Tuesday, March 1, 2016

'You For Me' Is For Us All

Mu's latest production sheds a welcome new light on the refugee experience

Photo courtesy of Mu Performing Arts.
And what a welcome light it is. It's amazing how easily media can overwhelm a conversation, and the current state of refugees is no different. One would assume that the only refugees out there are from the Middle East; while there are many, and their needs are extreme, refugees are constantly entering countries around the world fleeing oppressive governments. One such place is North Korea.

You For Me For You tells the story of two sisters who attempt, at different times, to leave North Korea. The youngest, Junhee, is the impetus for the initial attempt; while she manages to escape, her sister Minhee does not. Junhee travels to America, where she works to save money and gain access to as many American resources as possible in order to return to North Korea to help her sister. Minhee travels through a magical realist period, where she encounters various elements of North Korean society in a fantastic way that allows her to realize the truth and the danger of the society she lives in. Junhee manages to return for her sister, but the price in order to get her out is too high for them to live together again.
Photo courtesy of Mu Performing Arts. 
You For Me For You evokes a feeling much akin to Pan's Labrynth, in which the fantasy of magical realism and the strange imagery it provides somehow makes the horror of a real experience feel more true. You can't help but bleed for Minhee, who does everything she can to survive and never seems to catch a break. Part of this is due to a sympathetic performance by Sun Mee Chomet, who perfectly depicts the character's extremely humble attitude. As her sister Junhee, Audrey Park is a fiery pleasure, whose strength is integral to the plot's success. Kurt Kwan is always engaging as the ever-shifting characters encountered in Minhee's fantasy, particularly in a portrayal of a man who makes music out of rice. He has a quiet strength, and it gives the show gravitas.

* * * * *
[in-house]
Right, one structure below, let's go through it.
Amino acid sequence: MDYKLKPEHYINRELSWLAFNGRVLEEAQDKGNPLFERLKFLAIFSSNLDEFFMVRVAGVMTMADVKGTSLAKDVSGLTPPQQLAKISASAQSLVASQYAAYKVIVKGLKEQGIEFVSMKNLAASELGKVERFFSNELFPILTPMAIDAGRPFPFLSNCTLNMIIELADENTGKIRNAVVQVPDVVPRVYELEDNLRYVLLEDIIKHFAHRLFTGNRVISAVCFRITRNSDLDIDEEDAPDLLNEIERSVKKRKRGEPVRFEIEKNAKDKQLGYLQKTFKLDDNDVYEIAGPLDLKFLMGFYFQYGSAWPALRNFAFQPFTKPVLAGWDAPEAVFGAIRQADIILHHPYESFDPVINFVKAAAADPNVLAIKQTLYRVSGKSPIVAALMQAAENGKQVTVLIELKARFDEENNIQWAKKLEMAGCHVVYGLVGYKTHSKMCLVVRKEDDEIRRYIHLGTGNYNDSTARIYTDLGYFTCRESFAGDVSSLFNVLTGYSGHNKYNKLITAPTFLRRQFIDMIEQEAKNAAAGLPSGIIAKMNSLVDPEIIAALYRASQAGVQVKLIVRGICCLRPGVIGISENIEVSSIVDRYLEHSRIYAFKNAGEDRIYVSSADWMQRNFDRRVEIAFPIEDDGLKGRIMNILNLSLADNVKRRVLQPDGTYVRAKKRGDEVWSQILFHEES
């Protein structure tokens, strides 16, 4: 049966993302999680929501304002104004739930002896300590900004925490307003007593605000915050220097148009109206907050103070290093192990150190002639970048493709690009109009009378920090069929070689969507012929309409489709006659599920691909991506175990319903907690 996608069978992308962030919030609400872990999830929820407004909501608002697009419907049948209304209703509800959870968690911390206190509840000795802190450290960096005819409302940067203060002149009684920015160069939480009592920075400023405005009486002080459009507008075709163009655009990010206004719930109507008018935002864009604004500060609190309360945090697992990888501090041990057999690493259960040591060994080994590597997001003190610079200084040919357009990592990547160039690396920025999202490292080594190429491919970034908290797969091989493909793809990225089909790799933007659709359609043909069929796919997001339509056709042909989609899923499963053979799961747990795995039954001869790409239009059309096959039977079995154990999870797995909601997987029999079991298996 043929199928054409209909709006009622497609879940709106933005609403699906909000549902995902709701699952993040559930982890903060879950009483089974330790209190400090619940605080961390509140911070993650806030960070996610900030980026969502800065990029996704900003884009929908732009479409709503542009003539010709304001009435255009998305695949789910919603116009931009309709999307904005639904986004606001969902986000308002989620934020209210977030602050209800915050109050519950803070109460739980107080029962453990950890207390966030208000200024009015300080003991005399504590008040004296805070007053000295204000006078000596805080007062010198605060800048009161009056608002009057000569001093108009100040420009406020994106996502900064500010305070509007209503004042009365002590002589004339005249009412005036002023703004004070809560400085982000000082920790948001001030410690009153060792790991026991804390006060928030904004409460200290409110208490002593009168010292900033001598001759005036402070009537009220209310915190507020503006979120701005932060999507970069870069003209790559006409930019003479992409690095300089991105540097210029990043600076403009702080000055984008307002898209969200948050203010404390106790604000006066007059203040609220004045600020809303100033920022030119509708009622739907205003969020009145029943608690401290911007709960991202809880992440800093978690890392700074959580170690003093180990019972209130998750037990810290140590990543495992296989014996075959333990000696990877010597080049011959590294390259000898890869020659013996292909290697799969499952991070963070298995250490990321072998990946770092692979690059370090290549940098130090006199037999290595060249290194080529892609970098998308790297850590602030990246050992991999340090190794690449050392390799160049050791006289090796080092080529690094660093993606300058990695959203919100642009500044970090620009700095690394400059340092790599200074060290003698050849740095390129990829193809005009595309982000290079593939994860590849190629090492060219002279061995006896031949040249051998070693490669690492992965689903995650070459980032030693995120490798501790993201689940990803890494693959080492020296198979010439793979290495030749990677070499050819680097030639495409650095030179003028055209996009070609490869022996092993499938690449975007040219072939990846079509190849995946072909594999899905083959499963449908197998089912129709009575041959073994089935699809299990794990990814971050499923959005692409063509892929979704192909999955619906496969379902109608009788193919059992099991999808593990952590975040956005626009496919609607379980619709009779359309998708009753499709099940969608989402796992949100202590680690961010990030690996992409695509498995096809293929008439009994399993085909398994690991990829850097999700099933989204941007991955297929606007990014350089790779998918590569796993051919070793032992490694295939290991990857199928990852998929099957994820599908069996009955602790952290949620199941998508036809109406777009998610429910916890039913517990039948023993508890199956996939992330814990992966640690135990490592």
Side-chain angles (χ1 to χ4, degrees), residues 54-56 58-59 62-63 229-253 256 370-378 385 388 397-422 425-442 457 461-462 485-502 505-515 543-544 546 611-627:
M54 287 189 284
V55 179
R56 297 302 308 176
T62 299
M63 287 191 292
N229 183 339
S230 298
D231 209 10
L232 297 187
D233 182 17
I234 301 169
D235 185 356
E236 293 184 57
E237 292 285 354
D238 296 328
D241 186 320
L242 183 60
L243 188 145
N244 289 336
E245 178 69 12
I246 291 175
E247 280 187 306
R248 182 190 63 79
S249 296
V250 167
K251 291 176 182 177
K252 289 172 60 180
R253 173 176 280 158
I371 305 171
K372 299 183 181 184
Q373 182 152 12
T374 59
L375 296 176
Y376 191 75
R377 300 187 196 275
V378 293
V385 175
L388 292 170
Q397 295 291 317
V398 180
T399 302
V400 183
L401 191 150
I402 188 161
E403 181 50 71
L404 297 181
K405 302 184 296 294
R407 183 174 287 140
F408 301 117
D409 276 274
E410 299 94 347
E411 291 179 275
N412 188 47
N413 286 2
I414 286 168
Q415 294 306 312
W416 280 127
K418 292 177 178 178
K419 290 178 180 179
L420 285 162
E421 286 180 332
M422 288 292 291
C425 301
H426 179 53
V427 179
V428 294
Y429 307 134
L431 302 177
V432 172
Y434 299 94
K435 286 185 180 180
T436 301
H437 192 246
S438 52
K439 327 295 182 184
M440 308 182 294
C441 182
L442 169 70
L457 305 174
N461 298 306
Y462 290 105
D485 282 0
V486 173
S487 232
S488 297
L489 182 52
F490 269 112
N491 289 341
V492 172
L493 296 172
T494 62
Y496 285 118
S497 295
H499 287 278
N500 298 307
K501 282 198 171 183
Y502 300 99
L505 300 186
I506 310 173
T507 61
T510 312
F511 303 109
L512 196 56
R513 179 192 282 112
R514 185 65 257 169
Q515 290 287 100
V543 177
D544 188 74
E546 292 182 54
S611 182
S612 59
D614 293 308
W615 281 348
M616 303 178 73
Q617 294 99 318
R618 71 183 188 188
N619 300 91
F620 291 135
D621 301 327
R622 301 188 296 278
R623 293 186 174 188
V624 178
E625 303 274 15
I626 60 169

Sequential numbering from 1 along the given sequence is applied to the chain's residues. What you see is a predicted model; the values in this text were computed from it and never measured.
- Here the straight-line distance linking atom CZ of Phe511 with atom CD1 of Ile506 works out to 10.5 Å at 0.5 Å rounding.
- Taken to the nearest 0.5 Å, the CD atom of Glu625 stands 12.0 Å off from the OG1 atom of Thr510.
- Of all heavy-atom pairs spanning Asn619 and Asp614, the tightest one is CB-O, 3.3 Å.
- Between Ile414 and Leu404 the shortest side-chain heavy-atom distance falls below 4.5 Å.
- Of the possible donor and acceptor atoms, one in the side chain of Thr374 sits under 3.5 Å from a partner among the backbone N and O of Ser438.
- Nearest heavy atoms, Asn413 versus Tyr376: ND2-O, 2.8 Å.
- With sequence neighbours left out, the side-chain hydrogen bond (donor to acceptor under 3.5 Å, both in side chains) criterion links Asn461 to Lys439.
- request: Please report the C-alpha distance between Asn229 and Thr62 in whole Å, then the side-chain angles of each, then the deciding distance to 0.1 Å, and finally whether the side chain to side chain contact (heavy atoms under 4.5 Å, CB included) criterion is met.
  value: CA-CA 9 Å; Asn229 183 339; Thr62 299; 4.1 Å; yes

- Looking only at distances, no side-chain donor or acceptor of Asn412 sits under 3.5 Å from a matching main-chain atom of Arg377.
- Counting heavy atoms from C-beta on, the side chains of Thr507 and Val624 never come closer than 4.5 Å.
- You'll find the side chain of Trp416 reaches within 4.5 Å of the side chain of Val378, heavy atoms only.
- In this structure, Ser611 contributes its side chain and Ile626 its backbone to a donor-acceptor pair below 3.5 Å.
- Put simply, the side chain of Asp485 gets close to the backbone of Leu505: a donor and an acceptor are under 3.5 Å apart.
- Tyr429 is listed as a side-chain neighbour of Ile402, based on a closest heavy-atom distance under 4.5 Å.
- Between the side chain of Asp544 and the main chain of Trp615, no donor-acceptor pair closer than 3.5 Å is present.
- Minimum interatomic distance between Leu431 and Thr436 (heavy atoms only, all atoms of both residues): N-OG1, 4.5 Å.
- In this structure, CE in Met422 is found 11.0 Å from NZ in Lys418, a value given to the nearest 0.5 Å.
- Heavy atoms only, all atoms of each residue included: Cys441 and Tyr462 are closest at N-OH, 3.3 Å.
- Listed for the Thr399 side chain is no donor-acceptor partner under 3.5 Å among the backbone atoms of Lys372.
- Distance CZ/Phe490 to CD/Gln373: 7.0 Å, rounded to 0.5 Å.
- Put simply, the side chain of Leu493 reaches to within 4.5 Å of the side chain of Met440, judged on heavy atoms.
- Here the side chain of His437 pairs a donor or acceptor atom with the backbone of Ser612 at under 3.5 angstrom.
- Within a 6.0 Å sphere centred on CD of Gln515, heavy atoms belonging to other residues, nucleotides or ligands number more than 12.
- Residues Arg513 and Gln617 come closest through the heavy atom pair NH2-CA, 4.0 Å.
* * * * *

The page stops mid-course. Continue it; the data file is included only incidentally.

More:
Photo courtesy of Mu Performing Arts. 
The ensemble cast is also enjoyable. JuCoby Johnson is quietly charming as Junhee's almost-love Wade, and he gives her story a solid grounding in American culture and our double standards. Sarah Richardson does a fabulous job of depicting what it is like to be in a country you know nothing of, particularly in language; her garbled passes through "English" shortly after Junhee arrives in America are impossible to understand and bravely force the audience into a new arrival's shoes.

It also bears special noting that this is the first time that this show has been performed using actual Koreans for actors. In addition to being a telling statement of the current state of diverse casting, it's a feature that lends this performance real gravitas.
Photo courtesy of Mu Performing Arts. 
The set is gorgeous in this show and full of strength. It immediately evokes the solemn feeling of a Korean temple, and thanks to innovative elements such as interlocking cubes with different designs on each side, or gorgeous lighting over a simple "well," is much more complex than it seems at first sight. This is the Swiss army knife of production design; every element has multiple purposes and can be customized for the scene. It adds a lot to the story.
Photo courtesy of Mu Performing Arts. 
You For Me For You continues a completely original and completely enchanting season by Mu Performing Arts. It's a wonderful show full of heart that reframes the argument for assisting refugees, and features some fairy tale style fantasy besides. It's a great show and totally worth a visit at the Guthrie before it closes on March 6 - make sure you check it out by clicking on this link.